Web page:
UC Food Observer chooses a handful of important stories for you to read as you finish your work week. On the menu, in no particular order: growing coffee and avocados in So Cal; U.S. Representative Tim Ryan wants to start a food revolution; waiting for rain; soil conservation farming; and Mexico’s booming berry trade.


1. Growing coffee (and avocados) in Southern California. Small-scale farmer Jay Ruskey is growing coffee in coastal Southern California. Collaborating with University of California researcher Mark Gaskell, Ruskey is inter-planting coffee with avocado trees. Benefits: shade, and no additional land, water or fertilizer required. Results: success, and an award-winning coffee bean.


2. U.S. Rep. Tim Ryan wants to start a food revolution. The Democrat from Ohio is now in his sixth term, and is ready for big changes in the food system. When asked about one “big idea” for the food system, Ryan offered this answer: “Shift subsidies.”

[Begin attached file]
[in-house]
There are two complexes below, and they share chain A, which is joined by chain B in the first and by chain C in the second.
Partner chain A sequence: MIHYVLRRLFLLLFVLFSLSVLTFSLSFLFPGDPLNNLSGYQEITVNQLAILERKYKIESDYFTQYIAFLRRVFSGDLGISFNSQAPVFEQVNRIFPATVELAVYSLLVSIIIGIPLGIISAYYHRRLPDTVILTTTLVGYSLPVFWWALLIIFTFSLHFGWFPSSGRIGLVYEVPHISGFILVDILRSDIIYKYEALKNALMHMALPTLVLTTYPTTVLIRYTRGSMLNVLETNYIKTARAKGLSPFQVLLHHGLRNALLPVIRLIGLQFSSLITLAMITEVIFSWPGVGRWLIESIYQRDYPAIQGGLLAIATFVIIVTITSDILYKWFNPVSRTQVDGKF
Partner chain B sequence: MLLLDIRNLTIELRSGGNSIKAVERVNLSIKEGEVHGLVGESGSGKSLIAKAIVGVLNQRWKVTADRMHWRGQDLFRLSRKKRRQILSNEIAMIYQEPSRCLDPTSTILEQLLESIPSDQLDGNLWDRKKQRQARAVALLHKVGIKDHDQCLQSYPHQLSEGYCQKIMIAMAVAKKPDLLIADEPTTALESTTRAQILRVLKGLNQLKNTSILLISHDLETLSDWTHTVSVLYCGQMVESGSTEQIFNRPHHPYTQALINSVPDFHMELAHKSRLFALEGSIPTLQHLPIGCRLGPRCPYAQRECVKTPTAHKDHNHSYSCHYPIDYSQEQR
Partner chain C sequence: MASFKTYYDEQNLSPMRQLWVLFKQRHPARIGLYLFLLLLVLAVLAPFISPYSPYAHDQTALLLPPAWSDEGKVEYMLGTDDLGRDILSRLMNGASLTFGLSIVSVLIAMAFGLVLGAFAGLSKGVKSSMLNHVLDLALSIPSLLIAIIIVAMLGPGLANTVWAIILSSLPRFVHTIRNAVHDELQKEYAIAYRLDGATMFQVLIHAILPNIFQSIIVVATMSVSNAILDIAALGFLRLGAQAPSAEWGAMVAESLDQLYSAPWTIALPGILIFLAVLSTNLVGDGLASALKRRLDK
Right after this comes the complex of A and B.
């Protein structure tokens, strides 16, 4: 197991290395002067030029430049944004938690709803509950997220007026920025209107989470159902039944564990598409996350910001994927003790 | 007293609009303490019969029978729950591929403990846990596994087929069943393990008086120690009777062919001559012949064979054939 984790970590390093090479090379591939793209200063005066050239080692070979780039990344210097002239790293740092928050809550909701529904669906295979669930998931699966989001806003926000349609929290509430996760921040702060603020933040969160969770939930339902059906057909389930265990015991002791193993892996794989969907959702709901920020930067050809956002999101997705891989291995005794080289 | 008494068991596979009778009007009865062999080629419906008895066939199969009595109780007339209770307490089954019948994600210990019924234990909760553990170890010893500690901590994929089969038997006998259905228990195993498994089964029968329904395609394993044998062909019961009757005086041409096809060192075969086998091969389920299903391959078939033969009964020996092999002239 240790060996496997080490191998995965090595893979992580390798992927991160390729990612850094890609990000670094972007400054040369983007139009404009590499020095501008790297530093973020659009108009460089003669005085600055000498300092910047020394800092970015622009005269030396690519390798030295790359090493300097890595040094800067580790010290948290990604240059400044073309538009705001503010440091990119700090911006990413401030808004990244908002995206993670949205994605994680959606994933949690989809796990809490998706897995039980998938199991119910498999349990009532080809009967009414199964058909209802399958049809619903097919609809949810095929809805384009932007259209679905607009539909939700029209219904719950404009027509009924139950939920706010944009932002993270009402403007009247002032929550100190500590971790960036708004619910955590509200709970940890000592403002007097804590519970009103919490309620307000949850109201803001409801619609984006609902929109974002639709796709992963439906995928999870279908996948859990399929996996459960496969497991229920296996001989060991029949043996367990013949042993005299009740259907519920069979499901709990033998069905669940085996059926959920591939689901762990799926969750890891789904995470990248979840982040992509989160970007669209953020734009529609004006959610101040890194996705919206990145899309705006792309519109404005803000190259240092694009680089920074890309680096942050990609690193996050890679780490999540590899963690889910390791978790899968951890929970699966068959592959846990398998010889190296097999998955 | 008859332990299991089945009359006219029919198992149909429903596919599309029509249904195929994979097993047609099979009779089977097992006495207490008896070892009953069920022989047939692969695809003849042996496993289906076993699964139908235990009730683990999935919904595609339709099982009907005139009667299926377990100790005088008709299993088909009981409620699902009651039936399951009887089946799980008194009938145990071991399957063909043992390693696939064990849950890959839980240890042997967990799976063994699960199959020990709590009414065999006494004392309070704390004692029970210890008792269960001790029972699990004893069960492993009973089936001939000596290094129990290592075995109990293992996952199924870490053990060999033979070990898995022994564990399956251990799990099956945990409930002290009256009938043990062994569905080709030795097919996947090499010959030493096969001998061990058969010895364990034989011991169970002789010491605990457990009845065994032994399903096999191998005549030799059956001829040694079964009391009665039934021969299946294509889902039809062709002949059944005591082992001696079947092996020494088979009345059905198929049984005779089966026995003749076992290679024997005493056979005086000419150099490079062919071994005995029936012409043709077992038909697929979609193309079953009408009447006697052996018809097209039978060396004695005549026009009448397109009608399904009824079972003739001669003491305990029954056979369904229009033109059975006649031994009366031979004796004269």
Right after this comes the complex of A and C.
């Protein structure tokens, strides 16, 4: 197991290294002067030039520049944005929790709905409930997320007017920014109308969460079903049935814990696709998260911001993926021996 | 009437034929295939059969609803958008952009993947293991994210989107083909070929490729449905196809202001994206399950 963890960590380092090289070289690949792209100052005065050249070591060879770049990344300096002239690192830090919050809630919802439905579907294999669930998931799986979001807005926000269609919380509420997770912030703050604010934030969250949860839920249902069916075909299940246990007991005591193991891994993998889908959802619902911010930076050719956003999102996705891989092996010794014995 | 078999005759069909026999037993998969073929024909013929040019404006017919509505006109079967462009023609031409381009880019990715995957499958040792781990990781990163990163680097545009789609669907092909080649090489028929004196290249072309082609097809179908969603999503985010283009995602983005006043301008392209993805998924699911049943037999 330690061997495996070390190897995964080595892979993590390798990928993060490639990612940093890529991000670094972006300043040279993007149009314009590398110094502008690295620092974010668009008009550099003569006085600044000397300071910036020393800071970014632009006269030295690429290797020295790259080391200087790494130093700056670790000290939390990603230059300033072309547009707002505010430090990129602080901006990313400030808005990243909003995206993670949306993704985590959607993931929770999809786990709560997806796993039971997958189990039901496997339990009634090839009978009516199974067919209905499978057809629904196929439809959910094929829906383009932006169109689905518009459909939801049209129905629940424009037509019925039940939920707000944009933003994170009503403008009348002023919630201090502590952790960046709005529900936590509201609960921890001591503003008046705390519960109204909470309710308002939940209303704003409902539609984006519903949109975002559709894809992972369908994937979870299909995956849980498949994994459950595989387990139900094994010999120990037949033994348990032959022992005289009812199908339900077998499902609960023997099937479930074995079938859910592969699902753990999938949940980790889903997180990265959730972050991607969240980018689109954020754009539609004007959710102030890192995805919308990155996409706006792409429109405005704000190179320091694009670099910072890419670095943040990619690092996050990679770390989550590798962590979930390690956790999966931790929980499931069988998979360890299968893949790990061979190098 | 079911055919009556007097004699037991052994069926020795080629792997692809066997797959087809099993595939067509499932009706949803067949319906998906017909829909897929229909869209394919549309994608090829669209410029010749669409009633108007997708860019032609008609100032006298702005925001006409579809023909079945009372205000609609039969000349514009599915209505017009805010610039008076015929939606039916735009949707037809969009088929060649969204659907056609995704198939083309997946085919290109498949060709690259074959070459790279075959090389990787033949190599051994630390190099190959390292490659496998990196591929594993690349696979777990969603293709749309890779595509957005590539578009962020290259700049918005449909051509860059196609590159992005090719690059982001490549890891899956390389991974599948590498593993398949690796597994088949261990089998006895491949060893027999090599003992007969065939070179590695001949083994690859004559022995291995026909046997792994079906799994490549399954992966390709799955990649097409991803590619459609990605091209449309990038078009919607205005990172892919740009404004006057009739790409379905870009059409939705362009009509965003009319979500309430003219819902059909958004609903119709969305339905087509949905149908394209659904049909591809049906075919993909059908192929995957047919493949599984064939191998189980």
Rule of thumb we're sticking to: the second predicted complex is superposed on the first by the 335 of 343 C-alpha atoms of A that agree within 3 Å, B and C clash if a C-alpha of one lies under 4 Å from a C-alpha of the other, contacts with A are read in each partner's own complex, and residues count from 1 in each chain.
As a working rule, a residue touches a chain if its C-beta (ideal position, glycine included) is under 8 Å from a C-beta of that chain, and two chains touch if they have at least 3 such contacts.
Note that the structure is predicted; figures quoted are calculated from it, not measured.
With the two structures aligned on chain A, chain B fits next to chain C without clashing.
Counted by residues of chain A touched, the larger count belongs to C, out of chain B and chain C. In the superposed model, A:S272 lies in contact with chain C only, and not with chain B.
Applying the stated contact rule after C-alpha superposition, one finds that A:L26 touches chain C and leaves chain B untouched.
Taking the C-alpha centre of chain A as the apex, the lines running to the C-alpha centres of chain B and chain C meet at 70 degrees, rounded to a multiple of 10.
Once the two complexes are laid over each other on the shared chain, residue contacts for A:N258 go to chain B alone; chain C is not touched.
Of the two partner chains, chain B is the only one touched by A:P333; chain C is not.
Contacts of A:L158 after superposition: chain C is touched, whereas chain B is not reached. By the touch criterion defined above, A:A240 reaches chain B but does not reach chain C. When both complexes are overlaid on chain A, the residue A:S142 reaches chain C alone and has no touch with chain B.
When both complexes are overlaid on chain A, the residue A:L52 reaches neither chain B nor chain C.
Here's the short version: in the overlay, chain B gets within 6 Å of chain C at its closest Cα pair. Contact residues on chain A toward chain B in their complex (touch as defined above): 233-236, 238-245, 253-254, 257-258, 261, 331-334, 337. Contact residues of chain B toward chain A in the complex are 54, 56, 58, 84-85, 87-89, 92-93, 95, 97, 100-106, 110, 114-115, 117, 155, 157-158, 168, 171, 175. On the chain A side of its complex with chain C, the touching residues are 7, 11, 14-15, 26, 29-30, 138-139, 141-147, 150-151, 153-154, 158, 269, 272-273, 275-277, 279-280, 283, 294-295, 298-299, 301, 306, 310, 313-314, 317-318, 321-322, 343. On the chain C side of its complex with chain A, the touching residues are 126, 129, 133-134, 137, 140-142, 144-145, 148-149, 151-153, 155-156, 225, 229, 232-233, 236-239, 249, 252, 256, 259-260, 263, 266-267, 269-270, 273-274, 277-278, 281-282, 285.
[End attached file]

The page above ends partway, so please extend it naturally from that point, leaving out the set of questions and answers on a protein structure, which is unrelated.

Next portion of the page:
3. The art and science of waiting. The University of California’s Faith Kearns writes a lyrical piece about the science behind waiting. She applies the research to California’s drought…and waiting for rain.


4. Soil conservation farming gains traction. It’s also known as no-tillage farming, and it’s growing in popularity. The suite of methods promotes leaving fields untilled, the use of cover crops, and other soil-enhancing practices. Converts to the method say it can reduce fertilizer use, can lead to larger yields, and provides some resilience in times of drought. Cover crops can also suppress weeds, which may reduce pesticide use. Skeptics say it’s too expensive, among other things.


5. Mexico’s berry trade surges. Mexico is now the world’s third-largest exporter of berries: blueberries, raspberries, blackberries and strawberries. Less than two decades ago, the industry didn’t even exist. Now it employs more than 100,000 people and garners nearly $1 billion a year. What’s driving this growth? In part, problems in California and Chile.